There’s nothing remotely moral about conservatism
Today is Sunday.
For people of all faiths, more likely than not, you’ll see churches packed today.
Which means that today, which is Sunday, is the day I rat out Christian hypocrisy from those who want to unconstitutionally surveil welfare recipients and the poor, and what they do with THEIR OWN MONEY.
You read that right: the money the welfare recipients receive is THEIR OWN MONEY – because welfare recipients pay taxes (i.e. sales taxes) to support everyone else, just like everyone else pays some sort of tax around this nation, although people on welfare can least afford to pay any kind of tax (and yet, they do pay some taxes).
So, yes, it is unconstitutional to tell welfare recipients what they can or cannot do with the money they receive!
Laws telling welfare recipients what they can or cannot do with their money are flagrant 14th Amendment violations. And really, I can stop at that sentence, but I won’t. This is an issue of equal protection under the law and by telling an economic class what they can or cannot do with their money while not imposing these standards on other economic groups is unconstitutional on its face and under no circumstances will I support such laws – it’s the main reason why I oppose drug testing for welfare recipients, it’s the main reason why I strongly oppose a federal law enacted by anti-human rights Christians that bans welfare recipients from going to adult establishments with their benefits, and it is the main reason why I strongly oppose laws like what anti-human rights Christians in Kansas and Missouri have passed within the past couple of weeks. The equal protection clause is also the reason why it’s very hard for me to oppose the Soda Tax that New York City used to have before unqualified judicial activists struck the ordinance down. There is one thing that separates the Soda Tax from the abusive and unconstitutional laws that abusive Christians are passing on the most vulnerable people in our society: the Soda Tax applied to everyone equally without regard to where a person stood on the economic ladder, whereas these repulsive laws against welfare recipients are discriminatory because it applies to one set of the economic ladder and no one else. It would behoove supporters of these laws against welfare recipients to read the Constitution’s 14th Amendment:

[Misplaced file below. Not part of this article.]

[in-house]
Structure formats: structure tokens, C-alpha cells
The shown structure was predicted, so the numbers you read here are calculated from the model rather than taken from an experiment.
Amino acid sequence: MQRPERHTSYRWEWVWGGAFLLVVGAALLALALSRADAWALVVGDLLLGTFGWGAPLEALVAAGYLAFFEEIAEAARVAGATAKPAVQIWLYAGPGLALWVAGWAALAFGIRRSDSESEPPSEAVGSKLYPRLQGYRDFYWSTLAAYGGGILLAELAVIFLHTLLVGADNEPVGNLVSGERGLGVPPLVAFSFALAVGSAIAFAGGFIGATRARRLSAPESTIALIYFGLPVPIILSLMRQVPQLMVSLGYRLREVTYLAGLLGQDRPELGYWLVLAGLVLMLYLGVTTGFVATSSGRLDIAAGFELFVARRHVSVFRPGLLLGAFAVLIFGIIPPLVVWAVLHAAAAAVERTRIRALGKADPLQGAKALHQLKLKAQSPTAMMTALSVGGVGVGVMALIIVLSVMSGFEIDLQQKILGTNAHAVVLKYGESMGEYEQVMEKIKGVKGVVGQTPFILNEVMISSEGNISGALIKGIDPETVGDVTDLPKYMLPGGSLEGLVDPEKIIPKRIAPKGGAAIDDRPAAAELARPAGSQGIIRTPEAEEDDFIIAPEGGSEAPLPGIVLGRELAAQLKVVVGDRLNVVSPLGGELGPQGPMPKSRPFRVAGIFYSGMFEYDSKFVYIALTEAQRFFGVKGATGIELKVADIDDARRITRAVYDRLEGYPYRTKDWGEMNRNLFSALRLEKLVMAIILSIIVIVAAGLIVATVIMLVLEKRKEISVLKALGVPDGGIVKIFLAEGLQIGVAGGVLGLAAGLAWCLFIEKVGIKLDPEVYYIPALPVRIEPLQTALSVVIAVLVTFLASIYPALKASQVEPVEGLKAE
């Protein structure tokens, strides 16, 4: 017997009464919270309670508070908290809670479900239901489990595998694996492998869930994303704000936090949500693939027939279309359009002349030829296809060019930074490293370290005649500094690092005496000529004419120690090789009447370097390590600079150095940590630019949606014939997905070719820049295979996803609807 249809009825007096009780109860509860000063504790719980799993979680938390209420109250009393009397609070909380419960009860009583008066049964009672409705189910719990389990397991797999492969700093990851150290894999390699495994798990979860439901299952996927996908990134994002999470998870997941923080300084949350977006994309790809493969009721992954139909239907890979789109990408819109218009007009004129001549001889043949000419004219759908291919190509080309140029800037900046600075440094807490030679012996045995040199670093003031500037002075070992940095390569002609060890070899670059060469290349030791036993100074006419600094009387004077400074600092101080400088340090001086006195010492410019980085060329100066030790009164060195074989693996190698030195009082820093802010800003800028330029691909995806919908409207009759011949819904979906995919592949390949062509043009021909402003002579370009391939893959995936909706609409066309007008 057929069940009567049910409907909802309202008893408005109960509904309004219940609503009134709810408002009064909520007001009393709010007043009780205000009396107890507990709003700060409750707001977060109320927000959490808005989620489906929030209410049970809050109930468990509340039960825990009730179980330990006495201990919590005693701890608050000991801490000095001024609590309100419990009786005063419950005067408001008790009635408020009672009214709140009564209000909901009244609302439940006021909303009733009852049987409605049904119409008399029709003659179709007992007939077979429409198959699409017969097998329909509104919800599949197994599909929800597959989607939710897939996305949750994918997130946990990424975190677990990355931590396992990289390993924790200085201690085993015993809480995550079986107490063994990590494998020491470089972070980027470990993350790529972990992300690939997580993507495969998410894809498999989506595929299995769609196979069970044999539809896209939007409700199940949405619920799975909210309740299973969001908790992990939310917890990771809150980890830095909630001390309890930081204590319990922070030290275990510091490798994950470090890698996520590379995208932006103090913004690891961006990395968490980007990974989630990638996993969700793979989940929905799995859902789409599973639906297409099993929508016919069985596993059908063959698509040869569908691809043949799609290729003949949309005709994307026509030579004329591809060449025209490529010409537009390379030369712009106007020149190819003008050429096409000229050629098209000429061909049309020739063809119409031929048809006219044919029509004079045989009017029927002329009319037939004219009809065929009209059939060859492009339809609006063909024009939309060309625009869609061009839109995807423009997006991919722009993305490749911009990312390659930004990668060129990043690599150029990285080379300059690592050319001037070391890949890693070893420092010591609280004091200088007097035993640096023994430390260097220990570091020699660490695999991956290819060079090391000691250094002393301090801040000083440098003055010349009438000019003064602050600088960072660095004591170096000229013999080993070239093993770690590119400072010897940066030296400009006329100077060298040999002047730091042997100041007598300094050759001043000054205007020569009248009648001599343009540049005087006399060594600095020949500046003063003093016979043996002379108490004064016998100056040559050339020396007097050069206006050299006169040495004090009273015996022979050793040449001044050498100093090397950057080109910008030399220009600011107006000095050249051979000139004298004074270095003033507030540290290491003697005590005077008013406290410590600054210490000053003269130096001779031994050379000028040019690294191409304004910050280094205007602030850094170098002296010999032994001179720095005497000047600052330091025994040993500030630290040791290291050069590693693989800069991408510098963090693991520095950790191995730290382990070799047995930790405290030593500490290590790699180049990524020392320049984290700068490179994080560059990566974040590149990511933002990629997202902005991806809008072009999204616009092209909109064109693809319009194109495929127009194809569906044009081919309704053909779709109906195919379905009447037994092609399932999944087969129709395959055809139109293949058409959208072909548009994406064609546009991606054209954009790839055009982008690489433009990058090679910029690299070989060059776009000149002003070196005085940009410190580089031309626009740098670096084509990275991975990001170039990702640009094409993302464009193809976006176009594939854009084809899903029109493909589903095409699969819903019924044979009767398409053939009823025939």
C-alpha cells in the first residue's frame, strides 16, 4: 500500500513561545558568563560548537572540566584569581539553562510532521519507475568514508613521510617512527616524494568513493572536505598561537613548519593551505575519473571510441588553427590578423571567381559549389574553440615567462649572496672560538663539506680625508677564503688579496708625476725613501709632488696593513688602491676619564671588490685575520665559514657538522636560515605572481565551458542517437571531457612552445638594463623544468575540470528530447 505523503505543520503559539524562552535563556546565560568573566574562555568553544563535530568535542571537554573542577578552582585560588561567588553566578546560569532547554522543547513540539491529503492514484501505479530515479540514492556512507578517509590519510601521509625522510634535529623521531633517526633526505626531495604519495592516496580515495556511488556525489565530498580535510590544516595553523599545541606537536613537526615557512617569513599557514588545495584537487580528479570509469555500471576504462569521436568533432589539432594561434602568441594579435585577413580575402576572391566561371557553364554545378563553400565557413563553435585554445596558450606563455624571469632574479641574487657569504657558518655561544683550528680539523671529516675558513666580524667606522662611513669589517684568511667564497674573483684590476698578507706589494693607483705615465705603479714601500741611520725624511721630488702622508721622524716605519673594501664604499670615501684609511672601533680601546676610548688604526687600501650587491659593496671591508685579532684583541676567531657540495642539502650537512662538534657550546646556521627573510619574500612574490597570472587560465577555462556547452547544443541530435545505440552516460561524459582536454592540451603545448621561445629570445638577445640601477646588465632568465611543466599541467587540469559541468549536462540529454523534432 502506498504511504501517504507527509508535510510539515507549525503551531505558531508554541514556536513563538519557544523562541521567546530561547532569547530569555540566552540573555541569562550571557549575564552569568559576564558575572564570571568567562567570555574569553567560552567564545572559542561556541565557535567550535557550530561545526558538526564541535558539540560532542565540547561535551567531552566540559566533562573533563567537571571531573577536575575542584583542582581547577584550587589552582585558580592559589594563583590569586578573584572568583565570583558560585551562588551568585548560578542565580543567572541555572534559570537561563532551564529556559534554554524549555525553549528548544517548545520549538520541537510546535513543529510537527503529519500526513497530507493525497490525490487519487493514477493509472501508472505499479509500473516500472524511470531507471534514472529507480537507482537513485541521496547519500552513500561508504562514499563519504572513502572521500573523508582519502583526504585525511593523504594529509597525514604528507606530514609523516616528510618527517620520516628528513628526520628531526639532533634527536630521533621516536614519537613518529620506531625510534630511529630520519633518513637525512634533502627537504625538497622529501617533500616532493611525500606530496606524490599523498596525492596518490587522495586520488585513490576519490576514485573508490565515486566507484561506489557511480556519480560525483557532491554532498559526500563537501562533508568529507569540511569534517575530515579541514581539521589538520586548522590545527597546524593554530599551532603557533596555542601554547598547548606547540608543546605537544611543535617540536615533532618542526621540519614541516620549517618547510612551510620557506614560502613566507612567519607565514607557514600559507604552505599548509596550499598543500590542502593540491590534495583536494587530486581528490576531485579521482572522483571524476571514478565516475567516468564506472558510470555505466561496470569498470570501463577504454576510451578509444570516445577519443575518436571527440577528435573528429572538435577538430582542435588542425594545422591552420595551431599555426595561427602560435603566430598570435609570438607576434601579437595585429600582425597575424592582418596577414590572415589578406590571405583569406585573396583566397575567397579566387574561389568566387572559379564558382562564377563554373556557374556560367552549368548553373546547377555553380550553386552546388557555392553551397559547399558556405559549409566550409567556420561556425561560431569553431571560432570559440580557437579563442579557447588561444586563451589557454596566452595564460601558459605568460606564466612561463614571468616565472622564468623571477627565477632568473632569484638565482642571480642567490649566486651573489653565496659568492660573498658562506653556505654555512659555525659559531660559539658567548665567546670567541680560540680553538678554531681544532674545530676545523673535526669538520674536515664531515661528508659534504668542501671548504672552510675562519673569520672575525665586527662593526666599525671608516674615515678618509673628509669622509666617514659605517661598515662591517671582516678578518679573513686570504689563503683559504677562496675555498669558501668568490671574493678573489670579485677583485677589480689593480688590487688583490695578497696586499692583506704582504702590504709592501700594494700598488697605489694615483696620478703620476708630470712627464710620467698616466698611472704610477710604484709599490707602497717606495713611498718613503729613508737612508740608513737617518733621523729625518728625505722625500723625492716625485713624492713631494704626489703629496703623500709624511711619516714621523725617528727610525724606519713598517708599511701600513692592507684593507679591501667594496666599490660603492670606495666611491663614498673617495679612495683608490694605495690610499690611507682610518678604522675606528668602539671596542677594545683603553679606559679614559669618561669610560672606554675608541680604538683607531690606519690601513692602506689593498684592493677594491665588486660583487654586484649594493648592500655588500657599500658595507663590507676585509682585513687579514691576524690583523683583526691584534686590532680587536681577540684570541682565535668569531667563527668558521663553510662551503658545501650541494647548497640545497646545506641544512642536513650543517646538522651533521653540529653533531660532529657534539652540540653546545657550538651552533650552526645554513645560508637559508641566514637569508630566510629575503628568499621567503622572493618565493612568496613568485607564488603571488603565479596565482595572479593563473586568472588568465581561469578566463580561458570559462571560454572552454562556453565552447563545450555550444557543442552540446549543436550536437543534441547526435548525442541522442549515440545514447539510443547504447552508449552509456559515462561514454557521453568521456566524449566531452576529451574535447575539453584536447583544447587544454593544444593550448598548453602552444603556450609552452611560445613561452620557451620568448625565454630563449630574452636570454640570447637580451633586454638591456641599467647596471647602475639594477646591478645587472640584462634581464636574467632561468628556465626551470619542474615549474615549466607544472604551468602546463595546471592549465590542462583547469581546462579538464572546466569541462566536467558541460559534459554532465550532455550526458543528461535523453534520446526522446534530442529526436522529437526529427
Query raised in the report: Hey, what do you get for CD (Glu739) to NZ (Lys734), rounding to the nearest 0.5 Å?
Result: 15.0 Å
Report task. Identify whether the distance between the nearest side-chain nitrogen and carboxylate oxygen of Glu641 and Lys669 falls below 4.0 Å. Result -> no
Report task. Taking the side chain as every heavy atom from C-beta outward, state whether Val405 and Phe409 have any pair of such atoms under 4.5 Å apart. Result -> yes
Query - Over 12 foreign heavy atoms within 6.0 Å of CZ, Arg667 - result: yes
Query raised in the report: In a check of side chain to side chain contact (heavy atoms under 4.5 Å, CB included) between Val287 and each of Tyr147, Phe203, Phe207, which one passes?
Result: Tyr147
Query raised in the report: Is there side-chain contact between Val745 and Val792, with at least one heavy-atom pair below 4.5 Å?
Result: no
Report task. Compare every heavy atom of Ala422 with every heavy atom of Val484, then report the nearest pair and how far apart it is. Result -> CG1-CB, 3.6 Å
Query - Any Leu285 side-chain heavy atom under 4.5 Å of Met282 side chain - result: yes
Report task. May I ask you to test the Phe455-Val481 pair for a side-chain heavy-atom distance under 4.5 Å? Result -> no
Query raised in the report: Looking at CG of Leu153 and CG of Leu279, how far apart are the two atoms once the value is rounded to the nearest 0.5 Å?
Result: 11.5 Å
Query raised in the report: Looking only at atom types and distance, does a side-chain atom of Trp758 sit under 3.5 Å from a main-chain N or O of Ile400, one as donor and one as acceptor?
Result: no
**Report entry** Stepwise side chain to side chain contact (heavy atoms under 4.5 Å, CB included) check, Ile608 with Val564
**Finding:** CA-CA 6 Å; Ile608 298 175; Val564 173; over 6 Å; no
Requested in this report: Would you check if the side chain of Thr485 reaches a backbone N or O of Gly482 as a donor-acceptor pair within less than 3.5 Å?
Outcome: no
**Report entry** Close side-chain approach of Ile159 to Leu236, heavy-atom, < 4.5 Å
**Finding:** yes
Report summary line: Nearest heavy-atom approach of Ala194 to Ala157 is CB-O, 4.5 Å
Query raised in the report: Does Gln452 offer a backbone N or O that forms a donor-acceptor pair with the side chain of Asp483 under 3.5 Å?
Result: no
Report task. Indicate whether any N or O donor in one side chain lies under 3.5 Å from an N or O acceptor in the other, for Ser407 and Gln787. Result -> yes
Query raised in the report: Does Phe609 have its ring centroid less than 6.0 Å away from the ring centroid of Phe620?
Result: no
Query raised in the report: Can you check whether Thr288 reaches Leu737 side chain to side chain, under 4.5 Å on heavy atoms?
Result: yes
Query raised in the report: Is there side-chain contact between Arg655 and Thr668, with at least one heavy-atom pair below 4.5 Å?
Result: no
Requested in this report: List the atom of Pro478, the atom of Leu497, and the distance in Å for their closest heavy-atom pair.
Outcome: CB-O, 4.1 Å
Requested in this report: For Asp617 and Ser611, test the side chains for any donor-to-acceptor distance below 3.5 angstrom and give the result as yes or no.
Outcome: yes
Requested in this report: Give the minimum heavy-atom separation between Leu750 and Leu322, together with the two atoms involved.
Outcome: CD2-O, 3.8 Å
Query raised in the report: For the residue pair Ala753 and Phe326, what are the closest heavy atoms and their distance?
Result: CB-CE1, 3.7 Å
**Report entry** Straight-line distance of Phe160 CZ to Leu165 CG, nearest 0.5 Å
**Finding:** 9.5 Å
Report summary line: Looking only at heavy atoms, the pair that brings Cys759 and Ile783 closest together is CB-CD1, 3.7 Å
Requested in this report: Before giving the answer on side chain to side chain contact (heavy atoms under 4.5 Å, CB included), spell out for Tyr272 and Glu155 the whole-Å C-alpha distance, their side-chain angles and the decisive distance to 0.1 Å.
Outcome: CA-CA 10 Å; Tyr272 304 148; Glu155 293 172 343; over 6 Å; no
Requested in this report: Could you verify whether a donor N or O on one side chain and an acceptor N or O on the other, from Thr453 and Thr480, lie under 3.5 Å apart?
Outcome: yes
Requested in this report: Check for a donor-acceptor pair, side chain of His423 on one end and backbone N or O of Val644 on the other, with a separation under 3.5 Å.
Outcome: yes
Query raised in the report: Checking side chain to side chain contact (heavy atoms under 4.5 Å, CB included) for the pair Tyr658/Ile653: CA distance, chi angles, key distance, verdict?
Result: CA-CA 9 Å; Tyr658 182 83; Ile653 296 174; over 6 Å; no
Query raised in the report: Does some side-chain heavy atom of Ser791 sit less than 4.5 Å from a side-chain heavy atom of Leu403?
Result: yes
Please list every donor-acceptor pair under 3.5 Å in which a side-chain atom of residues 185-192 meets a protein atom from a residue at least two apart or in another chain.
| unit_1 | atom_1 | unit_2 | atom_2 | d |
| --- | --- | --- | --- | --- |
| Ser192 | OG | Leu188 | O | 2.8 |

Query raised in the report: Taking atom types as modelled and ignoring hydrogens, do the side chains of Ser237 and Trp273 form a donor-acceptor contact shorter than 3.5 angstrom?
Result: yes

Section 1. All persons born or naturalized in the United States, and subject to the jurisdiction thereof, are citizens of the United States and of the State wherein they reside. No State shall make or enforce any law which shall abridge the privileges or immunities of citizens of the United States; nor shall any State deprive any person of life, liberty, or property, without due process of law; nor deny to any person within its jurisdiction the equal protection of the laws.
No where in that statement does it mention gender or sexual orientation. What that means is that this section, known as Section 1, is intended to have the broadest of interpretations out of the entire Constitution. If trial lawyers had a backbone, they would have sued to knock every law against welfare recipients off the books, no matter how deeply unpopular such a move may be. And that’s the beauty of our Constitution: popular laws have no place in the US Constitution unless such laws are applied in an equal and fair manner. So while laws restricting what welfare recipients can or cannot do are popular with Christians, such laws literally bomb the Constitution test and that alone is reason enough to sue to remove the laws right off our books.
This proves that conservatives want to murder starving children by taking food out of their mouths. This also proves that conservatives, despite all of their claims about being strong supporters of the US Constitution, actually have no respect whatsoever for our living document.
And lastly, this also proves that there is nothing moral about conservatism. Not even remotely.